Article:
It’s been over two years since Malcolm Gladwell’s latest book came out and more than two weeks since Kim Kardashian’s latest child came out — which means that a lot of us are fresh out of interesting topics to bring up at the holiday party.
Well, I’ve got just the conversation starter for you: “critical slowing down.” No — wait! It’s the idea that complex systems — like ecological food webs, the Earth’s climate, or the human brain — display characteristic warning signals when disaster is nearing, taking longer and longer to recover from small disturbances as they approach a major transition.
Natalie Wolchover from The Atlantic writes:
Just as when the Earth periodically plunges into an ice age, or when grasslands turn to desert, fisheries suddenly collapse, or a person slumps into a deep depression, systems can drift toward an invisible edge, where only a small change is needed to touch off a dramatic and often disastrous transformation. But systems that exhibit such “critical transitions” tend to be so complicated and riddled with feedback loops that experts cannot hope to calculate in advance where their tipping points lie — or how much additional tampering they can withstand before snapping irrevocably into a new state.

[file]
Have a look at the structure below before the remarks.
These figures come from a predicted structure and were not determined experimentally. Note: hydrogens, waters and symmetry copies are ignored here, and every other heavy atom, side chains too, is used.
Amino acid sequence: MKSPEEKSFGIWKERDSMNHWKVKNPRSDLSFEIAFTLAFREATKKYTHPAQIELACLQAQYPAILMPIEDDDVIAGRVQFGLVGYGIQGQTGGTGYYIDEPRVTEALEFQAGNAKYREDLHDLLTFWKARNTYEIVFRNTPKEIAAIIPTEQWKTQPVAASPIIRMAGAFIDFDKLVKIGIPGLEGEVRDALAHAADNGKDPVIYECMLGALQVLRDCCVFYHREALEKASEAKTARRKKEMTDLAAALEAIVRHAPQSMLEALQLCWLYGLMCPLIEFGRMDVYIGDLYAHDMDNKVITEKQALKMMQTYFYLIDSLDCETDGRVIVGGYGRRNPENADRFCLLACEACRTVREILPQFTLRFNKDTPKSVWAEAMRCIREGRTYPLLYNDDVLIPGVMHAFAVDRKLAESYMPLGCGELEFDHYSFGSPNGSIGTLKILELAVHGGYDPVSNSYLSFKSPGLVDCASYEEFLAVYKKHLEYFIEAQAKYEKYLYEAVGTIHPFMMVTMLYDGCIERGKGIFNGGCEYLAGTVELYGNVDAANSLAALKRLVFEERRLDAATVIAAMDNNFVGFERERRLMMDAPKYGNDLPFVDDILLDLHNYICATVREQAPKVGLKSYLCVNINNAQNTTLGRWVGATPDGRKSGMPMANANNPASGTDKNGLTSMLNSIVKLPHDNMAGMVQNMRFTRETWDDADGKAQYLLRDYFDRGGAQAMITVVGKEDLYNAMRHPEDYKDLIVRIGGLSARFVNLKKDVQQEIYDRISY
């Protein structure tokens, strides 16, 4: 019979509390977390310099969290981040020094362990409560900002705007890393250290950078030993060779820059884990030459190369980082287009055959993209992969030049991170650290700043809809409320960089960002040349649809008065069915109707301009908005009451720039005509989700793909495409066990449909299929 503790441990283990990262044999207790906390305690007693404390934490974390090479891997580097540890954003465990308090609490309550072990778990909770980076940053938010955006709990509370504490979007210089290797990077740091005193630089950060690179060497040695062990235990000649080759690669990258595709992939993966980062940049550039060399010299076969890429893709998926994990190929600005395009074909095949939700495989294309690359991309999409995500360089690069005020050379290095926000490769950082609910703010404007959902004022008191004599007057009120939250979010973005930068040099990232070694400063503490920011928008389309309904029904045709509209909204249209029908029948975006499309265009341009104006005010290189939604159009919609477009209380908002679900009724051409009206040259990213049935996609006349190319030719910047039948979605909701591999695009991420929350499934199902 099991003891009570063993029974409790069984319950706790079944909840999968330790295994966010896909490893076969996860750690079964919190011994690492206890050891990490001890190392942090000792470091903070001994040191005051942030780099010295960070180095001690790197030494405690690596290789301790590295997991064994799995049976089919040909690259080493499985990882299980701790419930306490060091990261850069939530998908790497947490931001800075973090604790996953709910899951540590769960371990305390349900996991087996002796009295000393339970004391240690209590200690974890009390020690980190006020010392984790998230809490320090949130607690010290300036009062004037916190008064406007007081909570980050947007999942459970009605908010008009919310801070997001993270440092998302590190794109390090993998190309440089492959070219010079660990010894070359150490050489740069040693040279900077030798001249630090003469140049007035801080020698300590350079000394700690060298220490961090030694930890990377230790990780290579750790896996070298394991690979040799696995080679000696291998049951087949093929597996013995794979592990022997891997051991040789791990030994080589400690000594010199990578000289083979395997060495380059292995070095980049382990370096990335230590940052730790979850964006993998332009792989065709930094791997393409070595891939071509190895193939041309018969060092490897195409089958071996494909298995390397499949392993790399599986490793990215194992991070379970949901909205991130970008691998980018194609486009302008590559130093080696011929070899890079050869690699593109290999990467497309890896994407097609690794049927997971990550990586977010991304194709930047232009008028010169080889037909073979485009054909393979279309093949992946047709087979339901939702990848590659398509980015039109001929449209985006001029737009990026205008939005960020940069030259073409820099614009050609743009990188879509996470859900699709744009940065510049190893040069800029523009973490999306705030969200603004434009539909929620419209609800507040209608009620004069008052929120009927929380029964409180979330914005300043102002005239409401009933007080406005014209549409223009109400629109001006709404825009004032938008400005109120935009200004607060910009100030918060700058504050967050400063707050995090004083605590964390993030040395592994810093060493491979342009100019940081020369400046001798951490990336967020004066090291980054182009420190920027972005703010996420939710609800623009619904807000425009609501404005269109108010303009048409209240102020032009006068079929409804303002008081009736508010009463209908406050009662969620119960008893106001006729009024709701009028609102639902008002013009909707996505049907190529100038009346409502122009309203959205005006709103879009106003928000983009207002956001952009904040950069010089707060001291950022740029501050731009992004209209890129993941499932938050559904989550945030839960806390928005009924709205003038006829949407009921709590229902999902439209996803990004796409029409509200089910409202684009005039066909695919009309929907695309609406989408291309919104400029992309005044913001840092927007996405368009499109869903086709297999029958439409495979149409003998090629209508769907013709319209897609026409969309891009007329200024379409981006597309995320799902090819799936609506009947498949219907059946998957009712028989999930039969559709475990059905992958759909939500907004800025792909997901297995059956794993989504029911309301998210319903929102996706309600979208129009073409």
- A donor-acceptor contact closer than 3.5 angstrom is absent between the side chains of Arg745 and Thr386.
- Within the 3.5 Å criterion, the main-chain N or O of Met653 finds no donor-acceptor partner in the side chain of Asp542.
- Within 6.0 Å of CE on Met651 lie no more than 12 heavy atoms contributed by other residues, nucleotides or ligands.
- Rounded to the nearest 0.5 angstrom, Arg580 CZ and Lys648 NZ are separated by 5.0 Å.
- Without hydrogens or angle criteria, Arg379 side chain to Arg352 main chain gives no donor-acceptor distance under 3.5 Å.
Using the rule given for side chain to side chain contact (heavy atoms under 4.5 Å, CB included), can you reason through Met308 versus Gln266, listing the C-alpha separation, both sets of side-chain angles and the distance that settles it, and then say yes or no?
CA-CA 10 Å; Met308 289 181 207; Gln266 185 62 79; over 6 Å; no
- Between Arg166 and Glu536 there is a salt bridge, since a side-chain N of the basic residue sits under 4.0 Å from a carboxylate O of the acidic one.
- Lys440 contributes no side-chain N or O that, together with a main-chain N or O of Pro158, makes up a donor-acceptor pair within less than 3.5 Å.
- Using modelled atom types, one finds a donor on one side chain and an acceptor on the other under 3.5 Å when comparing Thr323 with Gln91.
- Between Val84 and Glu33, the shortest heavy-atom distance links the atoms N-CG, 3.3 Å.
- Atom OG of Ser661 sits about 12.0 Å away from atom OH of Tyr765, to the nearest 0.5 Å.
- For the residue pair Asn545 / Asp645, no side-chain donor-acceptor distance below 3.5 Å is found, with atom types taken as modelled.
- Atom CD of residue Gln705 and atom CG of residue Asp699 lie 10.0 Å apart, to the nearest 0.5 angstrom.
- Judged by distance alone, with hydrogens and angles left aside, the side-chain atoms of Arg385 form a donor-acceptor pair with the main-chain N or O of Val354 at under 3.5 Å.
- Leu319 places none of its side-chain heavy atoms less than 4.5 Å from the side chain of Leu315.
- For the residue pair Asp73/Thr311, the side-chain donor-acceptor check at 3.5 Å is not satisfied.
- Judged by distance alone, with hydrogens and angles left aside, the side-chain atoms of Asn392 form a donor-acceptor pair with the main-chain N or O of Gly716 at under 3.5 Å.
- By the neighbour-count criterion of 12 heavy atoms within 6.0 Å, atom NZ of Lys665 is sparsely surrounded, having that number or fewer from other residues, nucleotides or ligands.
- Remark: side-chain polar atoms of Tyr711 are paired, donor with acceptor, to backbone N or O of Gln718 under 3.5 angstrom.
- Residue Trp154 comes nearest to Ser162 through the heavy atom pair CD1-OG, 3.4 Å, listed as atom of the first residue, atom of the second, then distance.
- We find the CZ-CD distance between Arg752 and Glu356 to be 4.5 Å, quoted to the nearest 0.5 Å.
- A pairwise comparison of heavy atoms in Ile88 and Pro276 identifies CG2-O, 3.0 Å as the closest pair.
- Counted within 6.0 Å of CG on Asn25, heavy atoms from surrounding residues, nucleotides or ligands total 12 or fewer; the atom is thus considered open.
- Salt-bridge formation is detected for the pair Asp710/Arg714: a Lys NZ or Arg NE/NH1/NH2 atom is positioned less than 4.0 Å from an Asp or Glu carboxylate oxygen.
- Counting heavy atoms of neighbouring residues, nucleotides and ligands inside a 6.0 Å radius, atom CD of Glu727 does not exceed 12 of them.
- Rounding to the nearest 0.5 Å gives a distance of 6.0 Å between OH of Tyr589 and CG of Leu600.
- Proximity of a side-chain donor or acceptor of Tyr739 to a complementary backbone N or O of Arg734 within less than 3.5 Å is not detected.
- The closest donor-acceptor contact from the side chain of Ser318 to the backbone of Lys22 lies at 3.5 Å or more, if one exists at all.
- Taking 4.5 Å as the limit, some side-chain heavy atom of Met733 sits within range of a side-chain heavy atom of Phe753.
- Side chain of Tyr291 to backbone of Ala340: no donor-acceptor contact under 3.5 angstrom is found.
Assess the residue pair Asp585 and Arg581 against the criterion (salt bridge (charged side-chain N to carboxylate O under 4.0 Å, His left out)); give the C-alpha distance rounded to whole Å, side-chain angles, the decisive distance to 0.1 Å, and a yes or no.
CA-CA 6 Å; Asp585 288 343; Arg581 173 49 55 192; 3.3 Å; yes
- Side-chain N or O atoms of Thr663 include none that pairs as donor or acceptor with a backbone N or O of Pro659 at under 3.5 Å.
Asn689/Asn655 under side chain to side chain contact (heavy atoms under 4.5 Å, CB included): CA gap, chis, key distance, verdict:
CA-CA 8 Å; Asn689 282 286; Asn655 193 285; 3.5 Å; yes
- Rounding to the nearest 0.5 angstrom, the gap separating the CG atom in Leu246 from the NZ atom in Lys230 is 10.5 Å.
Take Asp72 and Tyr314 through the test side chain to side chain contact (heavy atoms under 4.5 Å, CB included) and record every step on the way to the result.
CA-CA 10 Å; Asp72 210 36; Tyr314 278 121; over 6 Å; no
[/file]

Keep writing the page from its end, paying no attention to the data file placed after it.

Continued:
As you may have guessed, the idea of critical slowing down has implications for climate science. Wolchover reports:
Other researchers have begun using critical slowing down as a tool for predicting the future of Earth’s climate. Back in 2008, Vasilis Dakos of ETH Zurich in Switzerland and collaborators found evidence in paleoclimate data that critical slowing down preceded many abrupt climatic shifts in Earth’s history, such as the ends of ice ages and the desertification of North Africa, suggesting that many major climate systems undergo critical transitions.
And since we’re in the midst of another abrupt climatic shift right now, it just might be the critical time to heed our planet’s red flags. It’s like the Earth is telling us, in the immortal words of Jack Johnson: Slow down on those carbon emissions, everyone — you’re moving too fast.